Denial-of-service attacks becoming more sophisticated

Agencies and companies are used to dealing with attempts to knock their websites offline.

But a shift in the character of distributed denial-of-service (DDoS) attacks is creating new challenges, according to a quarterly threat report by Massachusetts-based Corero Network Security.


Hackers are launching shorter DDoS attacks that can help disguise more dangerous cyber intrusions taking place at the same time, the company found.

To do this, hackers distract IT personnel by flooding systems with traffic while leaving just enough bandwidth open to initiate attacks aimed at gathering sensitive data.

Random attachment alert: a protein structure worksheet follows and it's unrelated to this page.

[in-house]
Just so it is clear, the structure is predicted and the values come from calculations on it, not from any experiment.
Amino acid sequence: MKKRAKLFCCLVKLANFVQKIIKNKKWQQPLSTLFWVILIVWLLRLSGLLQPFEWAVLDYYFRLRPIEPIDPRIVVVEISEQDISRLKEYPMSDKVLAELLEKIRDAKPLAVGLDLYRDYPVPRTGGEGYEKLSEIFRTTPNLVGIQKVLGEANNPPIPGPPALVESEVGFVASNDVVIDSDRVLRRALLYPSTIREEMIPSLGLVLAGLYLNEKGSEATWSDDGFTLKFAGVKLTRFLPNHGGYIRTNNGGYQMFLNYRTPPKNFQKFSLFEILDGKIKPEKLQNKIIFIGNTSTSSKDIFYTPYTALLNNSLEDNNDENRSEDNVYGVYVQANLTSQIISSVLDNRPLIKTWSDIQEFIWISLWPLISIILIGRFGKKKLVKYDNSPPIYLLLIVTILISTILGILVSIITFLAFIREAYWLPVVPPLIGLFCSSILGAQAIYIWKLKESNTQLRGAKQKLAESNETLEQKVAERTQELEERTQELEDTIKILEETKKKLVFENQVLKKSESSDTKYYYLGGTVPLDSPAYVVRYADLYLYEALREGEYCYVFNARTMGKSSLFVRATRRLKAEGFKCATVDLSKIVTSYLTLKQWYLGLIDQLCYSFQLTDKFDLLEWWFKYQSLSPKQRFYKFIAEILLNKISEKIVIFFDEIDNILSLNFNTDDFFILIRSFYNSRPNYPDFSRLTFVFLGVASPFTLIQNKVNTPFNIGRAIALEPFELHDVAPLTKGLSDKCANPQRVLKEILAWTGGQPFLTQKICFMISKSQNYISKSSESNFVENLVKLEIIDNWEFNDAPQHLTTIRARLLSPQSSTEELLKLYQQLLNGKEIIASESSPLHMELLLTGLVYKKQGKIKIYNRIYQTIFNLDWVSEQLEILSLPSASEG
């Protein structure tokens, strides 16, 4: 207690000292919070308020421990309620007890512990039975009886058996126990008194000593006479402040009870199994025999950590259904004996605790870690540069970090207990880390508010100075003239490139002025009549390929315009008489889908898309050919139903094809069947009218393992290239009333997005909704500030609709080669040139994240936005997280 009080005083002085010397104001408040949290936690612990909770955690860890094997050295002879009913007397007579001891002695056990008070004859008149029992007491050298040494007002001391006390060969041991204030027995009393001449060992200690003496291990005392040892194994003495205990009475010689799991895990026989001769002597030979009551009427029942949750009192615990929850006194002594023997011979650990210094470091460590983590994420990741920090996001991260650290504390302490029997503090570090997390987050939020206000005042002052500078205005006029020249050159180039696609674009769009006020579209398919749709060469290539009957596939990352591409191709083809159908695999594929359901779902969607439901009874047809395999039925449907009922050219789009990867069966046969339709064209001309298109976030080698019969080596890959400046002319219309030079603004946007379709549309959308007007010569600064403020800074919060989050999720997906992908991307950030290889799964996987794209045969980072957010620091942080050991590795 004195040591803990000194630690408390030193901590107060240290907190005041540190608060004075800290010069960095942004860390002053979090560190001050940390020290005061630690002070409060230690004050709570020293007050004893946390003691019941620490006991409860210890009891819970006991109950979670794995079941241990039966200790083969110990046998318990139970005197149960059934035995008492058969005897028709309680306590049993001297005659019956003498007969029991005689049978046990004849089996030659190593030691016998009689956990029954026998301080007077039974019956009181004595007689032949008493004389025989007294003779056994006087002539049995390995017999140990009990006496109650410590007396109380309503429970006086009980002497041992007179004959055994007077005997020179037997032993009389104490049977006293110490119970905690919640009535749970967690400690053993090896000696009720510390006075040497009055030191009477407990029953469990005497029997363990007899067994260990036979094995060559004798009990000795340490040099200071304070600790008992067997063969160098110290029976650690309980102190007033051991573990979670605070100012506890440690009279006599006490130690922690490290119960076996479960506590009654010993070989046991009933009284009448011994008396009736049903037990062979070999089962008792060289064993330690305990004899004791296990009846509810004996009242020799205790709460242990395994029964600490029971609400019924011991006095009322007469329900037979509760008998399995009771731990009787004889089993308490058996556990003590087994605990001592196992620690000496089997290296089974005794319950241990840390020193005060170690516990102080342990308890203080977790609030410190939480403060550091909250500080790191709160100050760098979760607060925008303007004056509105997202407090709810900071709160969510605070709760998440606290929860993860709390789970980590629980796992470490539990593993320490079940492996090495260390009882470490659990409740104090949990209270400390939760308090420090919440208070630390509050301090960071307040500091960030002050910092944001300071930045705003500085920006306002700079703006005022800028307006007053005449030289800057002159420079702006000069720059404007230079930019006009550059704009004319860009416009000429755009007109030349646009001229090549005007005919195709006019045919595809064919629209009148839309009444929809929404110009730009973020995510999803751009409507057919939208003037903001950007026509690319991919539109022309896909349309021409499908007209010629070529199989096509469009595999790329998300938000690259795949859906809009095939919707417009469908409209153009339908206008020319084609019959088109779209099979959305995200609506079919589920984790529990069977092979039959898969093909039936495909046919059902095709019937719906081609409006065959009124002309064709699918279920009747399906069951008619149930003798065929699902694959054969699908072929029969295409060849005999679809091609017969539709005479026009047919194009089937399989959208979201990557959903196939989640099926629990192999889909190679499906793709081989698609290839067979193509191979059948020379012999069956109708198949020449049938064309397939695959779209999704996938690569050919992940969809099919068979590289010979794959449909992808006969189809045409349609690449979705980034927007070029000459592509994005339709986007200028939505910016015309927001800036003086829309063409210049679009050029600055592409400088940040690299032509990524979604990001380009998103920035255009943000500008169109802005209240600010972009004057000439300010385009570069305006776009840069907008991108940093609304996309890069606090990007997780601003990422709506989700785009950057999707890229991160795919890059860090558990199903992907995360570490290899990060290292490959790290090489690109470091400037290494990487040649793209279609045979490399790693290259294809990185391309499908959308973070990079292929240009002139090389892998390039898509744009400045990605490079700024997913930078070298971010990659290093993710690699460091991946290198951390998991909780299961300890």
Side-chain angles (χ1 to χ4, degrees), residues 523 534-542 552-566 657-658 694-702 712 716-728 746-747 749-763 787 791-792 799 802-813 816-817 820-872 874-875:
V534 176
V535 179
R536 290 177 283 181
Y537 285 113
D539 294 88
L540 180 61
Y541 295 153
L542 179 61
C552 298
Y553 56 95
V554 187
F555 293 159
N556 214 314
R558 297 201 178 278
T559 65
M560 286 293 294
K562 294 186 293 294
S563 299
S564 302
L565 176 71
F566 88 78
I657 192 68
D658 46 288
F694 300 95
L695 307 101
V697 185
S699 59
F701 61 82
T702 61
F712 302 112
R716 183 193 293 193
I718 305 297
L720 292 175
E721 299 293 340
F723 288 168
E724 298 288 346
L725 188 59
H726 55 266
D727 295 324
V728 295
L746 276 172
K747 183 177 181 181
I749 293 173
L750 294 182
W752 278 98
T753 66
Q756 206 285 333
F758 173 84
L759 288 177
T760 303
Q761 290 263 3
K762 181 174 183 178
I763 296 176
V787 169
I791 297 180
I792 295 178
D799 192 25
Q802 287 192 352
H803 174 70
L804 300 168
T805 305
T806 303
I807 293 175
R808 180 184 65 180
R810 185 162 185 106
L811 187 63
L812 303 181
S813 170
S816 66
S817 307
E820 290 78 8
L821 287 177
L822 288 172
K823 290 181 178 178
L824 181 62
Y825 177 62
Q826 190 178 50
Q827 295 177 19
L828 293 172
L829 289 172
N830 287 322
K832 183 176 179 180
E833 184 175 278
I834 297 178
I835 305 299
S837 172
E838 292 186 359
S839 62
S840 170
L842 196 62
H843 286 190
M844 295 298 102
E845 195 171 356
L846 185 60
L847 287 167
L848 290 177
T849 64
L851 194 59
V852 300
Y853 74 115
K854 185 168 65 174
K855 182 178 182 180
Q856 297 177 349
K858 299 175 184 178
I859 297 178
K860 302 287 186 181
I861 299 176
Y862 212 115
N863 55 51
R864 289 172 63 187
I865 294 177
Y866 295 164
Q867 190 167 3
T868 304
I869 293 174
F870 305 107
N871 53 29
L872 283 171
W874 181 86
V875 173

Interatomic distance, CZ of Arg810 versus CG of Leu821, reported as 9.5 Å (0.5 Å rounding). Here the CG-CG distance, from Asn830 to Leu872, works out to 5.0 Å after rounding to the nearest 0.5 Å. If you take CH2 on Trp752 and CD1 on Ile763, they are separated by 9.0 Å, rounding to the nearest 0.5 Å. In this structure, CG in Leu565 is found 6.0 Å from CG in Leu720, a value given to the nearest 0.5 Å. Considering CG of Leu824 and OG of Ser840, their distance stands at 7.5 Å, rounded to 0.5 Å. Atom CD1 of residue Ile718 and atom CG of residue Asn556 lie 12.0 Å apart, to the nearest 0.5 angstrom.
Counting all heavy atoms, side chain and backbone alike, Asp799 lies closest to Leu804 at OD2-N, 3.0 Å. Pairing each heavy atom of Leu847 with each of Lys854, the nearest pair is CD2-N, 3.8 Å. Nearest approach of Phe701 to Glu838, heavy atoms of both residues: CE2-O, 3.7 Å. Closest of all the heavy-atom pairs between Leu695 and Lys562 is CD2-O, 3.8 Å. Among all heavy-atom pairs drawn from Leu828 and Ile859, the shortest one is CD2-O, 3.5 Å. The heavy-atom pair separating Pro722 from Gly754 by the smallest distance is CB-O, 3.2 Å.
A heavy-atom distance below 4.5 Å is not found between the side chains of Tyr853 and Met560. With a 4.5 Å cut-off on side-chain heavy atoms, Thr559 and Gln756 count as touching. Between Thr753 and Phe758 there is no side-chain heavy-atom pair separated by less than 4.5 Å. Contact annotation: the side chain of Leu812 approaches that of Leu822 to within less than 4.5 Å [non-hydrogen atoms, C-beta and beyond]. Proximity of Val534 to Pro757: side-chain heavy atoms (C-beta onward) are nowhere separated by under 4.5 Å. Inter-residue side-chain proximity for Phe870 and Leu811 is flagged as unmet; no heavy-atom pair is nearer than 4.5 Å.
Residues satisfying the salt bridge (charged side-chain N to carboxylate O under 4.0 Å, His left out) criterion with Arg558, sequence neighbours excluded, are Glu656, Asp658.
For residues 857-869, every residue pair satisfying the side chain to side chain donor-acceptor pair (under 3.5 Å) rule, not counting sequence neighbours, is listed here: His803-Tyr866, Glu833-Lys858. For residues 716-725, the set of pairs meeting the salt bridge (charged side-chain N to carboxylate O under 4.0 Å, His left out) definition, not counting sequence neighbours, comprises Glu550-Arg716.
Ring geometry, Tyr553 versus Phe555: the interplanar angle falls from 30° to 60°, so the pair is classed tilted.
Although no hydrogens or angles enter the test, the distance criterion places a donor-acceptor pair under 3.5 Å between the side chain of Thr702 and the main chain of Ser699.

Often, Corero found, the campaigns are so short that security teams might miss them: 73 percent of DDoS attacks on customers lasted less than five minutes, while 96 percent lasted less than 30 minutes.

“These findings highlight a new trend in DDoS attack activity: short bursts of damaging attack traffic versus prolonged events,” the report stated.

Analysts sought to distinguish between the best-known type of DDoS attack – based purely on false traffic — and the new, more dangerous types of DDoS intrusions.

“Attackers have implemented more adaptive multi-vector methods to profile the nature of the target network’s security defenses, and subsequently selected a second or third attack designed to circumvent an organization’s layered protection strategy, the report continued.

“While volumetric attacks remain the most common DDoS attack type targeting Corero customers, combination or adaptive attacks are emerging as a new threat vector.”

The average cost of a DDoS outage is $720,000, or $8,000 per minute of network downtime, Corero found.